A statement in English (no symbols)
When I add (superimpose) all magnetic field contributions at a given point in space from various segments of the wire, I get a vector that is the same as the total magnetic field at that point.

The same statement in mathematese (no English)
##\int d\vec B=\vec B.##
Thanks for your reply @kuruman ! Are you saying that we cannot have limits of integration like even though it gives the correct result?

Why would we not be able to have limits of integration for a vector? Do we have to split it up into sperate integrals then combine, for example:  (Where B is the magnetic field vector)

Many thanks,
Callum

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No, no, no. You cannot convert a vector into a scalar.

##d\vec B## is a vector and has three components.
##d\vec B=dB_x~\mathbf{\hat x} +dB_y~\mathbf{\hat y}+dB_z~\mathbf{\hat z}~## and
##\int d\vec B=\int dB_x~\mathbf{\hat x} +\int dB_y~\mathbf{\hat y}+\int dB_z~\mathbf{\hat z}.##

That's how you add vectors, isn't it? How much formal instruction in calculus have you had?

• ChiralSuperfields
ChiralSuperfields
No, no, no. You cannot convert a vector into a scalar.

##d\vec B## is a vector and has three components.
##d\vec B=dB_x~\mathbf{\hat x} +dB_y~\mathbf{\hat y}+dB_z~\mathbf{\hat z}~## and
##\int d\vec B=\int dB_x~\mathbf{\hat x} +\int dB_y~\mathbf{\hat y}+\int dB_z~\mathbf{\hat z}.##

That's how you add vectors, isn't it? How much formal instruction in calculus have you had?
Thanks for your reply @kuruman ! Not too much, I have not done multivariate or vector calculus.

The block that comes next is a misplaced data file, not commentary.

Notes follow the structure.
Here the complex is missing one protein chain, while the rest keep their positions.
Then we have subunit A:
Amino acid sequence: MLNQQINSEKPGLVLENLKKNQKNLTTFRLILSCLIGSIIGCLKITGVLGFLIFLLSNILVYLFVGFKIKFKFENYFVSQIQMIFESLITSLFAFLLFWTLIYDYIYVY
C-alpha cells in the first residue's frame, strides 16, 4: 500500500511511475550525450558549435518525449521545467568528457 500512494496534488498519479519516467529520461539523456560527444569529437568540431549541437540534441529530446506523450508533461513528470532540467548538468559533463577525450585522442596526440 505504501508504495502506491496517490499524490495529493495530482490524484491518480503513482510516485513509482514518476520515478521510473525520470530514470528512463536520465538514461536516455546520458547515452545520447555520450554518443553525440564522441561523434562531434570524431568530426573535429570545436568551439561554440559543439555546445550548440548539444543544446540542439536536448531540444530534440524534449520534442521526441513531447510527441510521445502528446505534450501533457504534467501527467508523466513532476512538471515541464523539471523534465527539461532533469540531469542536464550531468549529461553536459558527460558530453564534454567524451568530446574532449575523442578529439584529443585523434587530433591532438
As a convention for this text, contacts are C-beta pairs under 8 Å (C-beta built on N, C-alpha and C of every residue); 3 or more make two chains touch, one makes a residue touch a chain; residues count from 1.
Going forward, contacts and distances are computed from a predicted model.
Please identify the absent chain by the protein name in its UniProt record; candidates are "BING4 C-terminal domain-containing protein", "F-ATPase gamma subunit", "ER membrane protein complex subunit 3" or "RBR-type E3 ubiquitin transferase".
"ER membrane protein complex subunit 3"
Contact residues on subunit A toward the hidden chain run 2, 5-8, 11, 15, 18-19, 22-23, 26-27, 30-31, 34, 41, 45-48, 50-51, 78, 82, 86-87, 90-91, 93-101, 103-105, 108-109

Do you please know why I can't convert the vector into a scalar?

Kind regards,
Callum

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Thanks for your reply @kuruman ! Not too much, I have not done multivariate calculus.

Kind regards,
Callum
Then I recommend that you take it at your earliest opportunity. It will pull things together for you.

• ChiralSuperfields
ChiralSuperfields
##d\vec B## is a vector and has three components.
##d\vec B=dB_x~\mathbf{\hat x} +dB_y~\mathbf{\hat y}+dB_z~\mathbf{\hat z}~## and
##\int d\vec B=\int dB_x~\mathbf{\hat x} +\int dB_y~\mathbf{\hat y}+\int dB_z~\mathbf{\hat z}.##
Thanks for your help @kuruman ! Why are there no limits of integration for each integral component of the magnetic field vector?

Many thanks,
Callum

ChiralSuperfields
Then I recommend that you take it at your earliest opportunity. It will pull things together for you.
Ok thank you @kuruman, I might be able to take a course later next year.

ChiralSuperfields
Then I recommend that you take it at your earliest opportunity. It will pull things together for you.
Hi @kuruman,

I looked into some vector calculus about integrating vector valued functions. I read that the integral of a vector valued function (the magnetic field vector in this case) is the integral of each component. however, now I would like to understand why there are no limits of integration for the RHS ( ).

I decided to add some and found that the limits below seem to work: The textbook I'm using makes no mention why they did not include limits of integration and no mention of vector calculus. I guess the reason why they may not have included limits of integration is because they are summing all the small magnetic fields dB, but I would like to know the physical meaning of the limits of integration in this case.